They eventually got the sails down, started the engine and were able to back into the channel, then took off to the west as I raised sail and headed east towards Port Aransas. In 2010 we had spent a couple of hours tacking up the Corpus Christi Channel after the wind went more to the east than is normal. This year it blew out of the southeast like it is supposed to, and the trip past the ferries at Port Aransas was fast and all on one tack! The rest of the sail was easy and quick-we pulled up at Camp 4 about 3pm. It was a nice sand/shell beach not far from the entrance to Corpus Christi Bayou.
The next morning we were off at dawn. Today there would be not only the challenge of dealing with the small craft advisories NOAA was predicting, but some pretty interesting navigational and equipment challenges. Stan and Josh (in Spartan, Stan’s Michalak Family Skiff) pulled out of camp shortly after we did and caught up with us as we sailed past the western tip of Mud Island. It was choppy and the winds were already at 17 or 18 knots, and I had my hands pretty full between sailing the boat and watching a small tear in the luff of Gamaray’s polytarp sail get larger. I did not get any pictures of them which was a shame, because they were the last boat I saw until I made camp that evening.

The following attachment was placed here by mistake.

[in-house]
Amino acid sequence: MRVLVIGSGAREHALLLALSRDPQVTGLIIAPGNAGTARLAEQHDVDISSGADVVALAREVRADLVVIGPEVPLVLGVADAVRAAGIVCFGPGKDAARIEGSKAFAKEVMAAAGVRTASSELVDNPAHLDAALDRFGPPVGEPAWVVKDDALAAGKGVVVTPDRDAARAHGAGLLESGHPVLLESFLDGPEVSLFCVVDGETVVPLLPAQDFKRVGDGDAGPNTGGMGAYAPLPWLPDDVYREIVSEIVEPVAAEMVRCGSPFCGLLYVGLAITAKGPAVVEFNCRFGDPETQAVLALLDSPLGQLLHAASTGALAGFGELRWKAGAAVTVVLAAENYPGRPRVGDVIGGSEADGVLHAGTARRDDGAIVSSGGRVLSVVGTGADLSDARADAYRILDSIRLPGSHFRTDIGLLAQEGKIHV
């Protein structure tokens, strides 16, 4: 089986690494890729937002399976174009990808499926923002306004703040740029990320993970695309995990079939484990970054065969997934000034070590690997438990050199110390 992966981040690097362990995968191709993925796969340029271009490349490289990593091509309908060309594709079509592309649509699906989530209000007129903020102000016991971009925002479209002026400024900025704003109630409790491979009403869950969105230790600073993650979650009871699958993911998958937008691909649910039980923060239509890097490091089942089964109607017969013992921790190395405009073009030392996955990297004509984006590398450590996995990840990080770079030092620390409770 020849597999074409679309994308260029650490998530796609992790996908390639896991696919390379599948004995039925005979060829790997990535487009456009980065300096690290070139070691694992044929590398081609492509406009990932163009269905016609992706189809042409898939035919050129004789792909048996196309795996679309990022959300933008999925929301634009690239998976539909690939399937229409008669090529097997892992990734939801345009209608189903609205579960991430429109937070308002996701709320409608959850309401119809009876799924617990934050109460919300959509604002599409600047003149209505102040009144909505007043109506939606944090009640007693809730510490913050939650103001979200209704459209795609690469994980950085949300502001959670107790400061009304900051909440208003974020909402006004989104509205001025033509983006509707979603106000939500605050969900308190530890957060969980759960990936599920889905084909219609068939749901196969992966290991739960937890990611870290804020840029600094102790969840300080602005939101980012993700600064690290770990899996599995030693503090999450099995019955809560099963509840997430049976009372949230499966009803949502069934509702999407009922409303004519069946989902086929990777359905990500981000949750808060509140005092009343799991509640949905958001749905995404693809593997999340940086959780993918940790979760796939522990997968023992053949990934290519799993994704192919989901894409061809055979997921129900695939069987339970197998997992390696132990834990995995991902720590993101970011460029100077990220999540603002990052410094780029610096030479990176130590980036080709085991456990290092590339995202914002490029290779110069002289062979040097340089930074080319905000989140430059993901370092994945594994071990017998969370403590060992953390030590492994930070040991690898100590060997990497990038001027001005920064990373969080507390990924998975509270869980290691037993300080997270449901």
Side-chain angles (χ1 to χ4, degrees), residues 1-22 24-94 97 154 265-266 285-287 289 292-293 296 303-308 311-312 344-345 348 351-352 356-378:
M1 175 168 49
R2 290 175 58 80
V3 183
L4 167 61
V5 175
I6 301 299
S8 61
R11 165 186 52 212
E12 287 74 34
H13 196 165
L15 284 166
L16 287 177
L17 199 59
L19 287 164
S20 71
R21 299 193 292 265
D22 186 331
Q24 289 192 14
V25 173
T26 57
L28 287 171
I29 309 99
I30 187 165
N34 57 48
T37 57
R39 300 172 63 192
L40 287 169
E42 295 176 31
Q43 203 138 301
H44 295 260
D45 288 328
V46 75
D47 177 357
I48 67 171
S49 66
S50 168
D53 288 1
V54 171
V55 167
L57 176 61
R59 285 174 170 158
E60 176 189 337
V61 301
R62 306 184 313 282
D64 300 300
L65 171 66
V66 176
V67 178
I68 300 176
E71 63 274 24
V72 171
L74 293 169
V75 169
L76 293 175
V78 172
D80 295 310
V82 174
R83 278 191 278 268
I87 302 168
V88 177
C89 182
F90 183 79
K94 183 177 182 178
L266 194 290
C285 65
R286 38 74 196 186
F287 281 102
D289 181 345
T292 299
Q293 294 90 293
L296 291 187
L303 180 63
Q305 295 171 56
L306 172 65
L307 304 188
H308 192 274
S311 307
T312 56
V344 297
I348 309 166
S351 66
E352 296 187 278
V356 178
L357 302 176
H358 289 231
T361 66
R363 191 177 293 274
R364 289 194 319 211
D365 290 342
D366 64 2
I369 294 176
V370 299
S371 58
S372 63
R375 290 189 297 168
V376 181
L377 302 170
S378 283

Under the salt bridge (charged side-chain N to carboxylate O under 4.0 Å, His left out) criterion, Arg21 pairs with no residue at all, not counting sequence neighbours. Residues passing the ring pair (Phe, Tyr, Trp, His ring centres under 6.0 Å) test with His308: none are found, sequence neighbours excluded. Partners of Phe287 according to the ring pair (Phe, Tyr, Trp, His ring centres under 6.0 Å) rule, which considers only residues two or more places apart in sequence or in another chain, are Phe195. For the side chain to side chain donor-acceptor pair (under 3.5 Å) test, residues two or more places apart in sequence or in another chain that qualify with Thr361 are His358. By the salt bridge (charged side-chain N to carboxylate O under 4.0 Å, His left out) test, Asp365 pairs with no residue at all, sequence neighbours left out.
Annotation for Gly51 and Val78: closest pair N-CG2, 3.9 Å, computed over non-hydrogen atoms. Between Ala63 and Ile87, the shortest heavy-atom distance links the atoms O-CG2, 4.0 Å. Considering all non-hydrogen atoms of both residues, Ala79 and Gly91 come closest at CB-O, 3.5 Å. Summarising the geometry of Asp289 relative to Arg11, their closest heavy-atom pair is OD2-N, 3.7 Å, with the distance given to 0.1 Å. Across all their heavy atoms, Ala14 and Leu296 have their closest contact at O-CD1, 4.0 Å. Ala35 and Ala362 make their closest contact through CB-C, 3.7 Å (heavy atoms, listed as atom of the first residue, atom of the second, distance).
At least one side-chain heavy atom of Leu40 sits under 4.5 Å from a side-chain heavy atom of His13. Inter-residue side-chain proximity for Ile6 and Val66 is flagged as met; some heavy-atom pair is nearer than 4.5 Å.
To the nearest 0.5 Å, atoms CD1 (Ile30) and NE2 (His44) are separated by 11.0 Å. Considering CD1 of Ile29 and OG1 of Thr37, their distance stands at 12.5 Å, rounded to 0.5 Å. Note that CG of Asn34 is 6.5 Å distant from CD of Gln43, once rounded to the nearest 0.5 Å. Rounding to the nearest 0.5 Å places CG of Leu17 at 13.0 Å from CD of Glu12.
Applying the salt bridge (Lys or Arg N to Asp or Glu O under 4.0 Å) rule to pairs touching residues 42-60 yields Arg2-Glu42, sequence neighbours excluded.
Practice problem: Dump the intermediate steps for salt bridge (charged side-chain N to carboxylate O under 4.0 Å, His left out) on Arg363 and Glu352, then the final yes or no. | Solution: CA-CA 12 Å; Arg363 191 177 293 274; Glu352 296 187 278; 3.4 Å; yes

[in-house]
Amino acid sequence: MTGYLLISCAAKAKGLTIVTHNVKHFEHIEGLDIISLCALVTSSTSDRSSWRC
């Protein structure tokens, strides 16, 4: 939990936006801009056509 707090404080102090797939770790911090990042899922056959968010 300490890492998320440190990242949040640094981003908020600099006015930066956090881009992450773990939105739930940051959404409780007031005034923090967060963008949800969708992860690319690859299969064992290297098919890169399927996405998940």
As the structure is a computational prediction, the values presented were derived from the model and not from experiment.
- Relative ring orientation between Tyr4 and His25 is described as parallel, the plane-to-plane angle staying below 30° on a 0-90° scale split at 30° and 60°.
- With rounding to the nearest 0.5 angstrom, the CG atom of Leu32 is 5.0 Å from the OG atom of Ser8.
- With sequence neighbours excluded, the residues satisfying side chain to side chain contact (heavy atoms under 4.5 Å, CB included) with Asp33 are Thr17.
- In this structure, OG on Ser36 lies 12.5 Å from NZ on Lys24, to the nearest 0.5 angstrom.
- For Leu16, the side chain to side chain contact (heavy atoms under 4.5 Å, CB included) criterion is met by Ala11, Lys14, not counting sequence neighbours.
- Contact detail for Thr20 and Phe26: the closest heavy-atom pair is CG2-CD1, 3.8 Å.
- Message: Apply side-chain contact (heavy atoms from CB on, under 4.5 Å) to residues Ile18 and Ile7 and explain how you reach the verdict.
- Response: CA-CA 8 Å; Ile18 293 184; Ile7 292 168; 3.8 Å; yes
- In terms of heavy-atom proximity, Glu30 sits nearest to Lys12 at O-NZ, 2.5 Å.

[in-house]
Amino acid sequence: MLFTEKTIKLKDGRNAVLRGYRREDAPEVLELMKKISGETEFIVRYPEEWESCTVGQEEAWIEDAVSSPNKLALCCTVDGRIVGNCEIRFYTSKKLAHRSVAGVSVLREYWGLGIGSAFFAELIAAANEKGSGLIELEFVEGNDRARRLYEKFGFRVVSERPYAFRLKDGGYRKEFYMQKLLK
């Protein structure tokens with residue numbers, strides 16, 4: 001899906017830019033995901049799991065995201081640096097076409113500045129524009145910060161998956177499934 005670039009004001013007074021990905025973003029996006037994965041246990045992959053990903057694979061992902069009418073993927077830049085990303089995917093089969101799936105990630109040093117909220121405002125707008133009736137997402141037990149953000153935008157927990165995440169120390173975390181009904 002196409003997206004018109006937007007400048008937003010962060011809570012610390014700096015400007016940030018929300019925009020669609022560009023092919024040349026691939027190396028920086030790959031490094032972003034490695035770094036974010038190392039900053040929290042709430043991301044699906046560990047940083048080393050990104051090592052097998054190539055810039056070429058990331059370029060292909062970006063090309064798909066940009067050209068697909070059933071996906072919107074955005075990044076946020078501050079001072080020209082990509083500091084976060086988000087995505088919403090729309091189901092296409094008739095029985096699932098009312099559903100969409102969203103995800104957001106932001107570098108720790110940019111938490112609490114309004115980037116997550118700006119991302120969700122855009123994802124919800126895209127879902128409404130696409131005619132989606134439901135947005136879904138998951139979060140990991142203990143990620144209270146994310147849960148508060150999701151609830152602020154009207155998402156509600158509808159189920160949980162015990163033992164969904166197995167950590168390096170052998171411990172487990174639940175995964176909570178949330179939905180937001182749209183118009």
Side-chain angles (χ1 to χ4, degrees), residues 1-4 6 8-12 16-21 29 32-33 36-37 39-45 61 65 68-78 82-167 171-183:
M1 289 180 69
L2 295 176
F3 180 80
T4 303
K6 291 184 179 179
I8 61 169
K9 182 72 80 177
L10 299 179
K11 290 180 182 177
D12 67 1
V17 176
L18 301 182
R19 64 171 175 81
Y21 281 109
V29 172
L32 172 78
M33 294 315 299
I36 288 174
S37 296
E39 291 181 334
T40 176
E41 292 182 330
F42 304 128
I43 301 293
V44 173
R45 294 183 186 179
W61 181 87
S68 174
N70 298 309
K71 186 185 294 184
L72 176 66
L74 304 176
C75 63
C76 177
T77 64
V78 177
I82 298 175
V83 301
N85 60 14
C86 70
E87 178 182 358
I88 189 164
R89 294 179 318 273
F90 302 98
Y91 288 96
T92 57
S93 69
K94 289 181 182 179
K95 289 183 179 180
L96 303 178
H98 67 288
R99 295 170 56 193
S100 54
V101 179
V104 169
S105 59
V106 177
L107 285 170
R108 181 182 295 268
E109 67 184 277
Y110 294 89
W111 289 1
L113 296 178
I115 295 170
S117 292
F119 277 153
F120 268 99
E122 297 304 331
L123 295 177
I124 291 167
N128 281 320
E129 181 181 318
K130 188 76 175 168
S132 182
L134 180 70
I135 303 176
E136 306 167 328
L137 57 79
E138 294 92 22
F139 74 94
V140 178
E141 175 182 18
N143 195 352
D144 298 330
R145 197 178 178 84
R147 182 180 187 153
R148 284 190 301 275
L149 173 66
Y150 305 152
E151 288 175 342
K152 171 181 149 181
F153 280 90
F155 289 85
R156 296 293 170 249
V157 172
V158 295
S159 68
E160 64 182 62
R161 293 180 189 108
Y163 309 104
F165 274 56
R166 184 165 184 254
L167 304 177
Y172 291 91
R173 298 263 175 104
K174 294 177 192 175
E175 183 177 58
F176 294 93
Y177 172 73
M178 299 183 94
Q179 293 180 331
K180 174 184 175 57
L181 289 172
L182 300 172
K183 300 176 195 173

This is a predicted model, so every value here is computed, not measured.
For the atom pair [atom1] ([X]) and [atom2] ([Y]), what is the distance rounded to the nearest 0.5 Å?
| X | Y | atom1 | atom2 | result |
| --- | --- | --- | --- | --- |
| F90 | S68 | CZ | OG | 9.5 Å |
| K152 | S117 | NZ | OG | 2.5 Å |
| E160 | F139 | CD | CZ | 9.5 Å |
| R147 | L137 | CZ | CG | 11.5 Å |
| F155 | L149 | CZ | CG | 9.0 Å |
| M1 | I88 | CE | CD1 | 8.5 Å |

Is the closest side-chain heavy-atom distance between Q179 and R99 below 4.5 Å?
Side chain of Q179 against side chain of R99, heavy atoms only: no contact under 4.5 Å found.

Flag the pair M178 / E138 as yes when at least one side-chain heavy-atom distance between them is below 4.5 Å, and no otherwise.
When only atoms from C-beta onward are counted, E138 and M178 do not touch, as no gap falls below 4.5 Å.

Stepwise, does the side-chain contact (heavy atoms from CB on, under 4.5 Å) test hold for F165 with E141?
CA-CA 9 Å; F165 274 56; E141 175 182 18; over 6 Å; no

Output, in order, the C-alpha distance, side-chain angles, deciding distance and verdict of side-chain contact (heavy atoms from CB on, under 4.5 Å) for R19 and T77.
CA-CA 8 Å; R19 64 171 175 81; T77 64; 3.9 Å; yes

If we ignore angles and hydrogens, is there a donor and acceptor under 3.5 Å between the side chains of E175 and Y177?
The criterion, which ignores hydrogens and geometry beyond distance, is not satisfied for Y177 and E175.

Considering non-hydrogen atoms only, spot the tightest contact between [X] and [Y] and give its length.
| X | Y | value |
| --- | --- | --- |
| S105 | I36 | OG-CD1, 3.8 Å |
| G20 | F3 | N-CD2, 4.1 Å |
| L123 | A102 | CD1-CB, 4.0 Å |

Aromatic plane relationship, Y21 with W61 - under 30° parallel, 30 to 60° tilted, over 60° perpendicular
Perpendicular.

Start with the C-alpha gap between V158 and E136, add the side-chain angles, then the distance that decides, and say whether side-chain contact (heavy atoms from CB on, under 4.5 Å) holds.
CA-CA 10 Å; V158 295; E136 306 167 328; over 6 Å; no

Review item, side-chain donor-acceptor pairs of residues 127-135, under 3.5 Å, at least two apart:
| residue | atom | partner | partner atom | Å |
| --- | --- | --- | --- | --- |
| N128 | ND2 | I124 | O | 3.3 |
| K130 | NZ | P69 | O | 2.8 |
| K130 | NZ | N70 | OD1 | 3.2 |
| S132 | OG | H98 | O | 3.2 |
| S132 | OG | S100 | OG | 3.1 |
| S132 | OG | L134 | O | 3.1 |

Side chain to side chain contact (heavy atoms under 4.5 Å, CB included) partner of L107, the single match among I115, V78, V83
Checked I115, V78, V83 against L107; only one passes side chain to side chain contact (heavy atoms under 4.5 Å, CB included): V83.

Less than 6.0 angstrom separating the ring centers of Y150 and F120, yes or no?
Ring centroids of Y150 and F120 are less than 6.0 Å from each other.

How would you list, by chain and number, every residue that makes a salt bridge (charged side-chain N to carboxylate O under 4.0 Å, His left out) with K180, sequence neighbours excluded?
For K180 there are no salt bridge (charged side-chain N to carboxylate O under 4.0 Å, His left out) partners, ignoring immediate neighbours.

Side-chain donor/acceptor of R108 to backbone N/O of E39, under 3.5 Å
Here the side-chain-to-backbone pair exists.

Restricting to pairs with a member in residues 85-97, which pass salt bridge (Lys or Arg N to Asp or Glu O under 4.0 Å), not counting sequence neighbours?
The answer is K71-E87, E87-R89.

As they disappeared into the distance, I looked for a good spot on Mud Island to pull over and do some repair work. A couple of miles down, maybe half a mile from the eastern tip of the island, there was a nice beach that the chart said was hard sand. We pulled in and found that the chart was accurate on that point. The beach sloped up to a small ridge maybe 6 feet above sea level, then back down to the other side of the island which is separated from San Jose Island by a narrow channel.